The Mahabharata: Lessons from an Indian Epic about Family Conflict You’ll Never Forget

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One of the two major Sanskrit epic poetry of ancient India, along with the Ramayana, is the Mahabharata, which can be translated from Sanskrit as “The Great Epic of the Bharata Dynasty.” In a nutshell, the Mahabharata is about the Kurukshetra War, sometimes referred to as the Mahabharata War, which saw two cousin groups, the Pandavas and the Kauravas, fighting for control of Hastinapura. This epic poem is regarded as having enormous value and is frequently referred to as one of the greatest literary creations of all time.

Origins of the Mahabharata in Antiquity

The Mahabharata is widely believed to have evolved into its current shape about the 4th century BC. Additionally, it has been suggested that this epic was written earlier, maybe in the middle of the first millennium BC. The epic may have existed at that time in the shape of well-known stories about gods, monarchs, and seers that were passed down orally by priests, ascetics, and itinerant minstrels.

In any case, the Mahabharata is the world’s longest epic poem because its current version has roughly 100,000 stanzas and 1.8 million total words. To put this into perspective, the Mahabharata is around ten times longer than the sum of Homer’s Odyssey and Iliad. Although it seems improbable that a single person penned the entire epic, according to tradition, the lines of the Mahabharata were transcribed by Ganesha after being delivered by the sage Vyasa.

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First Chapters of the Indian Epic

The blindness of Dhritarashtra, the elder son of Vichitravirya (the king of Hastinapura) and the father of the Kauravas, marks the beginning of the Mahabharata. When Vichitravirya passed away, Pandu (the father of the Pandavas), Dhritarashtra’s younger brother, took over as the new monarch of Hastinapura because Dhritarashtra could not succeed to his father’s throne due to his blindness. Pandu was unable to have children because of the sage Kindama’s curse on him, which made it impossible for him to engage in sexual activity without jeopardising his own life. Kindama’s curse causes the king to flee to the forest, where his blind brother takes over as ruler.

Kunti, Pandu’s first wife, prays to the gods in order to be impregnated by them in order to get pregnant and give birth to offspring for Pandu. Her prayers are heard, and she gives birth to three sons: Arjuna, Bhima, and Yudhishtira, who are all fathered by Vayu (fathered by Indra). Through this technique, Madri, Pandu’s second wife, also gave birth to children. The identical twins Nakula and Sahadeva were her two sons (fathered by the Ashvins). On the other hand, Dhritarashtra and his wife Gandhari have one daughter and one hundred sons, the Kauravas.

Madri commits Sati out of regret after having sex with Pandu, leaving Kunti and the five young boys to fend for themselves. Pandu dies as a result of the curse. The boys were given to a teacher, Kripa, along with their 100 relatives after the Pandavas and their mother returned to Hastinapura. They would later receive instruction from Drona. The Pandavas and Kauravas quickly began to have a savage rivalry, which led to the banishment of the former not once, but twice.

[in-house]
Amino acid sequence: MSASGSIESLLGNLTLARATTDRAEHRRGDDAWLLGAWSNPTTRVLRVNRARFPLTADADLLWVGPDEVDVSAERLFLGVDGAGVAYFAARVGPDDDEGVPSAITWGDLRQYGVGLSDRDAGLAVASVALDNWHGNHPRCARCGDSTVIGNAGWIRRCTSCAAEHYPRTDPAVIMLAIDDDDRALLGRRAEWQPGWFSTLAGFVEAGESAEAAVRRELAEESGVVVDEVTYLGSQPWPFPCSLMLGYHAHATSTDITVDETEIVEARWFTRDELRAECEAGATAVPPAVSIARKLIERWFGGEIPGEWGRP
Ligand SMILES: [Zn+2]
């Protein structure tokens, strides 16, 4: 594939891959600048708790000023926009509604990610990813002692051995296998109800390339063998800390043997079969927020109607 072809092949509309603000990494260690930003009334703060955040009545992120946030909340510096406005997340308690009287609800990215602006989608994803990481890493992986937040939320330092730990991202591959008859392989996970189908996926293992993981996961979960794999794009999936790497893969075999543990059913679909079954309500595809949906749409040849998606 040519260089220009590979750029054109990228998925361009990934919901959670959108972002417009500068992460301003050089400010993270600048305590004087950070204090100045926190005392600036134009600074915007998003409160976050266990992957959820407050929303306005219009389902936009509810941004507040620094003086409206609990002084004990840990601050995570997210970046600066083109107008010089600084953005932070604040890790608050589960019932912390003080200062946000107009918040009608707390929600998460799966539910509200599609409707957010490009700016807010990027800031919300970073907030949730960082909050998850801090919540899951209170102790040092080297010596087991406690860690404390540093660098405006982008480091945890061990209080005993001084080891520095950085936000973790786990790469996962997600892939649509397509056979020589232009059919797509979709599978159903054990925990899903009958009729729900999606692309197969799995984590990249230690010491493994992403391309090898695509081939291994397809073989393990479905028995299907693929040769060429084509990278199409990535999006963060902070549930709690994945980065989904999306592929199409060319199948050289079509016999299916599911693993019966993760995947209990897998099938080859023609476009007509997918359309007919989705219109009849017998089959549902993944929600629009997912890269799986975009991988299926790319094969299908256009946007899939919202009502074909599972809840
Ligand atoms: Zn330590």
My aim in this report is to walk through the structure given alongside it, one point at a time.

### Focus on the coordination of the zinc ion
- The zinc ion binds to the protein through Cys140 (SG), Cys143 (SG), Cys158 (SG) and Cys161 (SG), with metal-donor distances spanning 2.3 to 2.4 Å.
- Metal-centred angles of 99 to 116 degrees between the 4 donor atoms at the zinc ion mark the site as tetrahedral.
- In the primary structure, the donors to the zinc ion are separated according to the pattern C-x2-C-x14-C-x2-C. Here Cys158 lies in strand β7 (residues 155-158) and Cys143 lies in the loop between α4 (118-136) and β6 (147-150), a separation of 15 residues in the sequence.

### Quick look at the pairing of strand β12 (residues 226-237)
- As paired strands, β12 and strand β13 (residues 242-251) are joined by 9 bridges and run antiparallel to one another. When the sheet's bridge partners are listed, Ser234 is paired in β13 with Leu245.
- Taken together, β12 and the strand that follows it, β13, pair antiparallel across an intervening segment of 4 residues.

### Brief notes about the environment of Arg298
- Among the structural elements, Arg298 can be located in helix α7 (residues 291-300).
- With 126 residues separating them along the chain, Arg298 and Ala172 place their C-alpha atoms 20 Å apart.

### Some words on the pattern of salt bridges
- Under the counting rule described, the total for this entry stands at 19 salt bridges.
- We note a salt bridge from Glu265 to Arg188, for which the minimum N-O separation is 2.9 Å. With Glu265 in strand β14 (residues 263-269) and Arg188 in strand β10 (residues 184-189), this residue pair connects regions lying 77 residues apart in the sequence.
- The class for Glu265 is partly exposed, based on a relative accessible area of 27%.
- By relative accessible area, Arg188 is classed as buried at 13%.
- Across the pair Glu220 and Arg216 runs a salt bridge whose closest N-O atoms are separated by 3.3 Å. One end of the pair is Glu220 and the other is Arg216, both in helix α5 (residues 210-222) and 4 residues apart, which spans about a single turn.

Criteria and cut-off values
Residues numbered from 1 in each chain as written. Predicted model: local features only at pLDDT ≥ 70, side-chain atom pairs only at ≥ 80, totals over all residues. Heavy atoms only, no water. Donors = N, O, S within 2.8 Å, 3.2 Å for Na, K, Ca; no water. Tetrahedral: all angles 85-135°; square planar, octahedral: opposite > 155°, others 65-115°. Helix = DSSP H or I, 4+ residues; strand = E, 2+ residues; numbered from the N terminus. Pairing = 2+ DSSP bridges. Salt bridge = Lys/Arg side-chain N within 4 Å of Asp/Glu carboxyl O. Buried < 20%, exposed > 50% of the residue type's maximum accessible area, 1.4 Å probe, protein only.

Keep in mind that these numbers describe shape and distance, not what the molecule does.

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The Pandavas prepared for war with their relatives after their second banishment. The area that Dhritarashtra gave the Pandavas permission to cultivate, Indraprastha, but which they ultimately lost to the Kauravas in a dice game, was demanded back from the Kauravas by emissaries sent to them. Even though Krishna, a Vishnu avatar and the Pandavas’ maternal cousin, personally undertook the task to resolve the conflict peacefully, it was unsuccessful.

This led to the start of the Kurukshetra War. Even the historicity of this conflict is a hotly contested issue among scholars who disagree on when it actually occurred. The Kurukshetra War, according to the Mahabharata, lasted 18 days and resulted in the deaths of the majority of the epic’s characters. Here, just before the fighting starts, is where the Bhagavat Gita, arguably the most well-known episode in the epic, takes place.

When Arjuna sees his loved ones on the enemy side, he begins to lose focus and decides to leave the battlefield. When Arjuna asks Krishna, who was acting as his charioteer, to take him back, the Vishnu avatar launches into a philosophical monologue about the transience of life, the value of doing one’s duty, and remaining on the virtuous path.

Life Off the Battlefield:

The Pandavas win the conflict, despite the fact that both sides suffered nearly entire losses. Only eight survivors are mentioned on the side of the Pandavas, and only four survivors are named on the side of the Kauravas. The epic does not, however, stop with the war.

The Mahabharata continues to describe how the Pandavas came to dominate Hastinapura and Indraprastha. Vaishampayan, a student of Vyasa, narrated the complete epic to Janmejaya, a great-grandson of Arjuna, during a snake sacrifice.

Also Read – 5 Pandava-Built Temples in Kerala

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